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Category Archives: White wine

Wine of the week: Toad Hollow Chardonnay 2012

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Toad Hollow Chardonnay One of the most difficult things about buying cheap wine is consistency. Given the way the system works, where production costs often matter more than quality, a great $10 wine one vintage is no guarantee of a great $10 wine the next vintage. Right, Meridian?

Fortunately, the Toad Hollow Chardonnay ($12, sample, 13.9%) is usually immune from that process. It has its up and downs since it was first made 20 years ago, but those are more likely vintage differences than pencil pushers squeezing the bottom line. When the wine is right, and the 2012 is the best vintage in several years, un-oaked chardonnay don’t get much better than this, even for wines that cost $15 or $18. It’s even a value at the suggested retail price of $12. If you can find it at $10, which it often is with grocery store discount cards, buy a case.

Look for green apple fruit in the front, a little tropical something or other in the middle, and some stoniness in the back. This is a clean and refreshing wine, without the fake oak used to make so many other wines at this price. But it also has some body, so it’s not as crisp as a sauvignon blanc. Drink the Toad Hollow Chardonnay on its own, or with summer salads, grilled chicken, and the like. If I can find it for $10 in Dallas, it’s a candidate for the 2015 $10 Hall of Fame.

Wine of the week: Bogle Sauvignon Blanc 2012

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Bogle Sauvignon BlancThe Wine Curmudgeon has finally found something wrong with the Bogle sauvignon blanc ($10, purchased, 13.5%). It doesn’t have a screwcap, and it comes in an old-fashioned, heavy bottle. Otherwise, it’s pretty much what a great $10 wine should be:

 • More quality than its $10 price. Classic California sauvignon blanc — grassiness, crisp, and with an almost tropical finish.

• Widely available. My biggest frustration, when I find great cheap wine, is that it’s not for sale in enough places so I can write about it. That’s rarely the case with Bogle, which makes more than 1 million cases annually. It’s in grocery stores (I bought this at Whole Foods, believe it or not), independents, and chain retailers.

• It doesn’t try to be something that it isn’t. This is a problem with wine regardless of price, in which consumers think they’re buying one thing and often get something else, fooled by back label nonsense or a too-cute front label. It’s telling that the three comments I found on CellarTracker (the blog’s unofficial wine inventory web app) for this vintage all said the same thing, even though each comment had a different score with it. Which, again, tells us what we need to know about scores.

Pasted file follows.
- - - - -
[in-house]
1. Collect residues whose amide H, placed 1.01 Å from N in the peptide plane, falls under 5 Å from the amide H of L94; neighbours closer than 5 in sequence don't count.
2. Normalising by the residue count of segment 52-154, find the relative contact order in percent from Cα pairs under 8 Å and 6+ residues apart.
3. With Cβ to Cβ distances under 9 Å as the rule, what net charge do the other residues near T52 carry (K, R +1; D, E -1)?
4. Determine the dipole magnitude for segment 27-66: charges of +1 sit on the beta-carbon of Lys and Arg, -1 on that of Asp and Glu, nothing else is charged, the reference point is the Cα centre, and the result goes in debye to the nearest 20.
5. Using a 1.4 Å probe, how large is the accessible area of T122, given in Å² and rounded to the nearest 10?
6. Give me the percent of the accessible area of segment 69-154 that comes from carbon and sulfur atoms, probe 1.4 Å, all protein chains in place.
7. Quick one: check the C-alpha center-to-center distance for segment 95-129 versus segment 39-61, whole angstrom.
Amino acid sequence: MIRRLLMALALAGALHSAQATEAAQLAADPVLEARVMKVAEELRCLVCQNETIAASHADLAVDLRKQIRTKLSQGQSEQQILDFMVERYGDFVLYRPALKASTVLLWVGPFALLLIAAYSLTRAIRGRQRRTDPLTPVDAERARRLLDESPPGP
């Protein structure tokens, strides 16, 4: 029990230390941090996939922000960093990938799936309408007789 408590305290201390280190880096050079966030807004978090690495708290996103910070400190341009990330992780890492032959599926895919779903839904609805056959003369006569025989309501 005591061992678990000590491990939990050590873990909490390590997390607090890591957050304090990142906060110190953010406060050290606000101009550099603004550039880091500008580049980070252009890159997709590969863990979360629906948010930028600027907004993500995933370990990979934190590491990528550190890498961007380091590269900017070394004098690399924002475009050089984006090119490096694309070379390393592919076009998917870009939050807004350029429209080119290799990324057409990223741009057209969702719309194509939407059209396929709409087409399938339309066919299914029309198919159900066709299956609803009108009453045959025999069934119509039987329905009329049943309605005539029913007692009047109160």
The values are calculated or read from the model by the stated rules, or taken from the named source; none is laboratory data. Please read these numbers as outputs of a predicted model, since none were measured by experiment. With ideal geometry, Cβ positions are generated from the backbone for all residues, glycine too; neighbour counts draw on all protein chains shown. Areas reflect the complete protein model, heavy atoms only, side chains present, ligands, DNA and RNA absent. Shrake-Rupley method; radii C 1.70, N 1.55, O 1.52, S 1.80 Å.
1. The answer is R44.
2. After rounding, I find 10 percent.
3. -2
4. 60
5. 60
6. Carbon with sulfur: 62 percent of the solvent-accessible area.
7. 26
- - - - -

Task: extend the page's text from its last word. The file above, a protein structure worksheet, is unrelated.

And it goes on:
Serve this chilled, with or without food, and know that wherever you are in the U.S., you’ll be able to buy a bottle of wine that won’t make you wish you had bought something else.

Wine of the week: Poggio Anima Uriel 2011

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Poggio Anima UrielThe Wine Curmudgeon always tries to find wine that people who don’t drink much wine would like, all part of my goal of spreading the gospel to consumers near and far. So when I saw the Poggio Anima Uriel ($12, purchased, 13%) on the wine list at a Dallas pizza restaurant, I knew I was in business.

Sure enough, the friends we were eating with loved it, including the non-wine drinker in the group. She pronounced it as well done as pinot grigio — score another victory for Sicily and great cheap wine.

The Uriel is a white wine made with grillo, a Sicilian grape used mostly for marsala until the island’s wine renaissance of the past couple of decades. Since then, a variety of producers have turned it into tasty and inexpensive dry wines, and the Uriel is yet another example. Look for enough white fruit to be noticeable, a bit of almond on the nose, and wonderful freshness and balance. This is the kind of wine, after you take the first sip, that you know you’ll want to drink all night.

How enjoyable was the Uriel? So much so that it was close to the highlight of dinner, given that the pizza was — as happens all too often in Dallas — over-hyped to the extreme. My non-drinking friend had an entire glass, which is like the Wine Curmudgeon drinking an entire bottle.

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